by Jon Sanders
Director of the Center for Food, Power, and Life, Research Editor, John Locke Foundation
On June 26, 2020, WLOS News 13 was told by DHHS spokesperson Kelly Haight that “The number of people hospitalized [for Covid-19] includes those who have tested positive for COVID and those admitted for other reasons, but placed on infection prevention precautions.”
As part of our “Fog of Covid-19 Data” series last year, I wrote about the great uncertainty surrounding actual hospitalizations and deaths from Covid-19. A snippet:
In regular conversation, a hospitalized COVID-19 patient would mean someone whose COVID infection is so bad it’s put him in the hospital. To Gov. Roy Cooper’s Department of Health and Human Services, however, it means someone who is in the hospital for any reason and who has tested positive for COVID-19. That’s a key distinction. I’ll explain.
DHHS admits no distinction between a hospitalization for COVID and hospitalization with COVID. Hospitalizations for COVID are the dangerous infections people rightly worry about. Hospitalizations with COVID are when people are in the hospital for other reasons — a chest ailment, a car accident, a medical procedure, etc. — and as part of the routine clinical assessment, they test positive for COVID.
How many people are in one group and not the next? It’s hard to tell from this vantage point. Counting the two groups together, however, only inflates the number and gives the impression that dangerous infections are higher than they are. How much higher, who can tell?
The same conflation happens regarding deaths. But public health officials have been loathe to disaggregate them, always giving people the higher numbers without context.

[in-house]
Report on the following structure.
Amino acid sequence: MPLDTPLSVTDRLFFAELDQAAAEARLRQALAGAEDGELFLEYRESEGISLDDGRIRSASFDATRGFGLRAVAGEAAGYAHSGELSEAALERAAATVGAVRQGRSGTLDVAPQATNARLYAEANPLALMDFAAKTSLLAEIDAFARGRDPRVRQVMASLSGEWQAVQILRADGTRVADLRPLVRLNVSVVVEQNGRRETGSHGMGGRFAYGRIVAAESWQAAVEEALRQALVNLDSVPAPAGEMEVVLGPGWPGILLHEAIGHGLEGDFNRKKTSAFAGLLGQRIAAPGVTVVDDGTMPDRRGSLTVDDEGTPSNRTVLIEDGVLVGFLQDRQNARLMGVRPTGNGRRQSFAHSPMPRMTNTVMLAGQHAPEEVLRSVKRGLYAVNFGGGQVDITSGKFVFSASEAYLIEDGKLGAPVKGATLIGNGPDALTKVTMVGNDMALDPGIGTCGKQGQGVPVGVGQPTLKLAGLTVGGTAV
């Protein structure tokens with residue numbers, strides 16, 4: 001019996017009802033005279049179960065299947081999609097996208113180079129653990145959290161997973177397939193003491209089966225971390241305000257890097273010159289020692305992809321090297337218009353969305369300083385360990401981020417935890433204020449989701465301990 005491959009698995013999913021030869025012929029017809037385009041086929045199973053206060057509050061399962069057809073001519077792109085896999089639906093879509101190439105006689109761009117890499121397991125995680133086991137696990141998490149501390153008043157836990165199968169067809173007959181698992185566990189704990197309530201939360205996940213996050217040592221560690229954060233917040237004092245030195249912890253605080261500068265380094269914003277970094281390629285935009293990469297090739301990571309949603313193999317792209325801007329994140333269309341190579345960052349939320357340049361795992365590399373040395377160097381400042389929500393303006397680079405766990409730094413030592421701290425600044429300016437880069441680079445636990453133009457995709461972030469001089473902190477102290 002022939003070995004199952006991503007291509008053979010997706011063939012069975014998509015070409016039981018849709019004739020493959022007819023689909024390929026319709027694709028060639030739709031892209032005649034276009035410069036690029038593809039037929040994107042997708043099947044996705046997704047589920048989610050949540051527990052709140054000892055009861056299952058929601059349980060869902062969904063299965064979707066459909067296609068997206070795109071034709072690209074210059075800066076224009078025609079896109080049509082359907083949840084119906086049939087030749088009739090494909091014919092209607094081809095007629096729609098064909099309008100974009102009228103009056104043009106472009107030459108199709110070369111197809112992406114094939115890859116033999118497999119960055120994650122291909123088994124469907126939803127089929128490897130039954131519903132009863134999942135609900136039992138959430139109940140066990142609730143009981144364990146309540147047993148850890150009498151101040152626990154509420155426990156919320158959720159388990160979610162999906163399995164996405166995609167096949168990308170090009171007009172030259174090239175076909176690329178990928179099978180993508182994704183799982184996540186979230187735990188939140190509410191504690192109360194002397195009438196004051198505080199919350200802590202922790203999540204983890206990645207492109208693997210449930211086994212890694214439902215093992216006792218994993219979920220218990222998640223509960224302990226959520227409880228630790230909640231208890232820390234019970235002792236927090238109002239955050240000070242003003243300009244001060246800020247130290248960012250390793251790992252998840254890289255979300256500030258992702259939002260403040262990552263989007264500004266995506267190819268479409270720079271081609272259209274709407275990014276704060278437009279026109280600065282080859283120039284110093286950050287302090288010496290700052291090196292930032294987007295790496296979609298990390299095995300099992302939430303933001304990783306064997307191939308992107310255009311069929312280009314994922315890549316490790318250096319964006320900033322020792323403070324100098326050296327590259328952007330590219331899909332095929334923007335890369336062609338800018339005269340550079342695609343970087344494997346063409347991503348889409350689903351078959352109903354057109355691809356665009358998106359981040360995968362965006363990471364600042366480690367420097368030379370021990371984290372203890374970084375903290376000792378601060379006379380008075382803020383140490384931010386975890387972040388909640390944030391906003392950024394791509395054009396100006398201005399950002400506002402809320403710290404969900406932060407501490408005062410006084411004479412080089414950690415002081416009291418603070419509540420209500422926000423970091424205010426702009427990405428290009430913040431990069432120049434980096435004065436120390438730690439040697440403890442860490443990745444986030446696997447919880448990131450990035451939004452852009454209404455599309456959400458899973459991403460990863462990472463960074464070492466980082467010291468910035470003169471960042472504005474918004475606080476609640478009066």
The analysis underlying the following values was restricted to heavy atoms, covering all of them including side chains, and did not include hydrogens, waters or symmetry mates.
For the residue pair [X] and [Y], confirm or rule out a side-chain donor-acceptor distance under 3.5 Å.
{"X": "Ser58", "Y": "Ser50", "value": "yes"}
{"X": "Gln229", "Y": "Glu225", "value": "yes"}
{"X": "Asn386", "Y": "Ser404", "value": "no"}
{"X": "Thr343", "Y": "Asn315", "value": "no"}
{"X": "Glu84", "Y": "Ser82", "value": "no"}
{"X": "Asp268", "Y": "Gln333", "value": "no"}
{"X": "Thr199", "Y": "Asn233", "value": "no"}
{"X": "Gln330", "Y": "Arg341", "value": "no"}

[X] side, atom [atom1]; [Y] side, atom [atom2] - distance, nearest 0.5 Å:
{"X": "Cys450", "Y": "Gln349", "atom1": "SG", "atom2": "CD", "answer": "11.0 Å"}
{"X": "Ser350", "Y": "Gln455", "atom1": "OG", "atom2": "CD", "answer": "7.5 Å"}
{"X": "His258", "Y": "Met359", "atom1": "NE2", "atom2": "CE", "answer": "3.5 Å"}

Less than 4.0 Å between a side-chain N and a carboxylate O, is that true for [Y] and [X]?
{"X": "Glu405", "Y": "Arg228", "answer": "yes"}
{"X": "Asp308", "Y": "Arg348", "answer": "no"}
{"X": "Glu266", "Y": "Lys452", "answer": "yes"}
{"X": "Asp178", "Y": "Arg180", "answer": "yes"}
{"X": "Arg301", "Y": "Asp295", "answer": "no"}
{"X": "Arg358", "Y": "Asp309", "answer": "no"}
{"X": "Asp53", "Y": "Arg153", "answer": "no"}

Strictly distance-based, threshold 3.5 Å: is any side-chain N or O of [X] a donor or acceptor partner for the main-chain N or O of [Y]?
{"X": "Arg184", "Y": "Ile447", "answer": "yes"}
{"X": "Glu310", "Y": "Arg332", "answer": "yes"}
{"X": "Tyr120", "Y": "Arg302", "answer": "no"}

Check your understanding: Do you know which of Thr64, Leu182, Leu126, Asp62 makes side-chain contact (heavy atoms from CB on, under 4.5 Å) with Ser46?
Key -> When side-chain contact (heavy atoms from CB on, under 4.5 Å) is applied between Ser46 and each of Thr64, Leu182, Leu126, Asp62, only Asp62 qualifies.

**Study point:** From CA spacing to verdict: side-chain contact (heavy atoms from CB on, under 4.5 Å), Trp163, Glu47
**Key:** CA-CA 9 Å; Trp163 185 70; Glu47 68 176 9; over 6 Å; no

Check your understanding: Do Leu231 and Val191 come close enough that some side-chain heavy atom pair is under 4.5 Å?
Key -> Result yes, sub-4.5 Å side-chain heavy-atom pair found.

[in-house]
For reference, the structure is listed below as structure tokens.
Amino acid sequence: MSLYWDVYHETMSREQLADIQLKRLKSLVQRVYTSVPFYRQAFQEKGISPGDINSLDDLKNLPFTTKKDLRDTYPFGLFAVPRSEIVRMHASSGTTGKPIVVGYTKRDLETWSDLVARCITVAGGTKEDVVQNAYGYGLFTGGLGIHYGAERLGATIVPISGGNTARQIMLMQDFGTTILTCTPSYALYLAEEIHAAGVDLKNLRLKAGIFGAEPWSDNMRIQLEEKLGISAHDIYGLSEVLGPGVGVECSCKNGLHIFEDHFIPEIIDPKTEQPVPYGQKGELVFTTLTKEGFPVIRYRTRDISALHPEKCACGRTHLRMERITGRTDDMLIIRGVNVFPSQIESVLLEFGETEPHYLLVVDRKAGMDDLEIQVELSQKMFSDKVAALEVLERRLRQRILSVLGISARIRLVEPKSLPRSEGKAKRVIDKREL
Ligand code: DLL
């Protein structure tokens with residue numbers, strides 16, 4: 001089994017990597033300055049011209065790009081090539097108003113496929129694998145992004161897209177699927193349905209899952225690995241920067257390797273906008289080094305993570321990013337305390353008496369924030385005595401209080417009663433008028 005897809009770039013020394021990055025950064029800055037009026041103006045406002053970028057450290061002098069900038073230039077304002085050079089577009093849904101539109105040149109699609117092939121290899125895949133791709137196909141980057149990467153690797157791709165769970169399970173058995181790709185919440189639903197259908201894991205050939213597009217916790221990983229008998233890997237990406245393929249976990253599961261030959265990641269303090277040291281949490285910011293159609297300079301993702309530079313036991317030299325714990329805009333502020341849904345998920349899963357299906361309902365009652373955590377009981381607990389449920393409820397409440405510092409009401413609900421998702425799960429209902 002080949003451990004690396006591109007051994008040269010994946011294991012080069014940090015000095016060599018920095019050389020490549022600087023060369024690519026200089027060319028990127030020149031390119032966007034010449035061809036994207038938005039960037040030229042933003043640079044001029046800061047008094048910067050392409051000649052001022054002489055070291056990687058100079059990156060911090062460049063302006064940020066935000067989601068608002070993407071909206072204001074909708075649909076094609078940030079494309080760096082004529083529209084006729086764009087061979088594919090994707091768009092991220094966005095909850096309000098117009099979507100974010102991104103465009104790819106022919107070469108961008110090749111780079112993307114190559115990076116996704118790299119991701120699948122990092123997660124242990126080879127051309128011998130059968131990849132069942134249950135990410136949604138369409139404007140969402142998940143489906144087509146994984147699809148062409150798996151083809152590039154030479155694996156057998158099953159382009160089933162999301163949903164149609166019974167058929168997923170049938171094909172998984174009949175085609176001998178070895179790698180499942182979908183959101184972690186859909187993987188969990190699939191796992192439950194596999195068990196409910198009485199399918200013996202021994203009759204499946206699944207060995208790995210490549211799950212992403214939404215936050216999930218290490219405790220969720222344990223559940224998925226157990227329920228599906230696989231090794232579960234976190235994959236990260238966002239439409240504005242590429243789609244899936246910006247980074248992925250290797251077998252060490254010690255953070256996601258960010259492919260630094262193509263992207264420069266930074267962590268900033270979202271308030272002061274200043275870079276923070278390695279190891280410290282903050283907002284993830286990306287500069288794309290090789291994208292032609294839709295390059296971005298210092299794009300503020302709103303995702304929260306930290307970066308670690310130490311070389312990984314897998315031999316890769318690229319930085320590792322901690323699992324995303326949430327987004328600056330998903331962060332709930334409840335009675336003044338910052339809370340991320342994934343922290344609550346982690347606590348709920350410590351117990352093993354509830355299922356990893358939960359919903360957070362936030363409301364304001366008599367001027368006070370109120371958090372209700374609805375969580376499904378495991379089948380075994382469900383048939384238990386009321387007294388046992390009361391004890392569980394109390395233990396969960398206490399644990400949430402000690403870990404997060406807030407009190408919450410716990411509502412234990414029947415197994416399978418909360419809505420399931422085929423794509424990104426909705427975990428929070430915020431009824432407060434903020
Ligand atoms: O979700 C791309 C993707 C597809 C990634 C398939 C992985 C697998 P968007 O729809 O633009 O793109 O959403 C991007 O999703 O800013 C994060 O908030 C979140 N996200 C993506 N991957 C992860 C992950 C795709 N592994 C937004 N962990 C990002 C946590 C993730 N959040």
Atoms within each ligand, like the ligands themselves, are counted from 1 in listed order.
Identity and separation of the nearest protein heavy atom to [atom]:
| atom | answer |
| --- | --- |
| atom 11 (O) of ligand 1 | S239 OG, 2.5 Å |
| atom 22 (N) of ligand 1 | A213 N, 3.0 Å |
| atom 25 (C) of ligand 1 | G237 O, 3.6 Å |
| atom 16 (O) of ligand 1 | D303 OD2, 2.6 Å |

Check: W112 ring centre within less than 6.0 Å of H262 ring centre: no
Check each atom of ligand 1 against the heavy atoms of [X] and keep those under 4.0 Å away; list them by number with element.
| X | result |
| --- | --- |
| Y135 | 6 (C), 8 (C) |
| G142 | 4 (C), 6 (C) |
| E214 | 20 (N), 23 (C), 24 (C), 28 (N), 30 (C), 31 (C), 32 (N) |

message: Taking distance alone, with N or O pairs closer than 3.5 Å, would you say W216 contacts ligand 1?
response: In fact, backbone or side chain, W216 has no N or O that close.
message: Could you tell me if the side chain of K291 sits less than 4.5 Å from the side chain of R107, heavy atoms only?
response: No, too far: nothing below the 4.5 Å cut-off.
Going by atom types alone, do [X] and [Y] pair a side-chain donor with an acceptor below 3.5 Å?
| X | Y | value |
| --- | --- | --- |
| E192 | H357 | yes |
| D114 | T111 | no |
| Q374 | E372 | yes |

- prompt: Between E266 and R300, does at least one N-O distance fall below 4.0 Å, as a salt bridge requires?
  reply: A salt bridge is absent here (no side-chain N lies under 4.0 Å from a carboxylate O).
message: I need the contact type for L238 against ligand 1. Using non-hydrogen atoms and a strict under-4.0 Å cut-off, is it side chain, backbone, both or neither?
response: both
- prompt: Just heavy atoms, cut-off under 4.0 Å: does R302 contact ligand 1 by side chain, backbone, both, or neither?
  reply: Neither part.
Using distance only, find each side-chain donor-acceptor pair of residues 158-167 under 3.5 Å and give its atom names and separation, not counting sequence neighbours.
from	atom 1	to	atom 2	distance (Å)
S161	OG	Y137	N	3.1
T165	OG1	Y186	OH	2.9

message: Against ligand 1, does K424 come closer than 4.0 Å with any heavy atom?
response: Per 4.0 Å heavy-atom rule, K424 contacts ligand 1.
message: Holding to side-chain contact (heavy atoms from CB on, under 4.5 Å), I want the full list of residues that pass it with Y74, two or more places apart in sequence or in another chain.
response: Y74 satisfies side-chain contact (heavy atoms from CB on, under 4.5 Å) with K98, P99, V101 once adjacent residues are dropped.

The Centers for Disease Control and Prevention (CDC) has given a peek behind the urtain, however, but not for all Covid-19 hospitalizations. It’s only for the “breakthrough” hospitalizations and deaths; i.e., for people who’ve already been vaccinated. (CDC won’t do the same for “breakthrough” cases because they ceased monitoring those.)
Look at this CDC graph for July 26, especially the notes at the bottom.
So roughly one-fourth of “breakthrough” Covid-19 hospitalizations (26%) and deaths (24%) were “asymptomatic or not related to Covid-19.”
Note: Just as it’s in the political interests of the CDC, DHHS, et al. to inflate the overall cases, hospitalizations, and deaths, it’s in the political interests of the CDC to downplay concerns about the vaccines by removing the inflation from “breakthrough” Covid-19 hospitalizations and deaths.
This revelation leaves several questions, however. Do “breakthrough” hospitalizations and deaths behave differently from other Covid-19 infections? Would that mean more inflation in “breakthrough” cases — or less?
How many of North Carolina’s Covid-19 hospitalizations and deaths were “not related to Covid-19”? Is it more or less than one-fourth? We still don’t know.
All we know is, again, the official numbers are inflated. By how much, they still won’t say.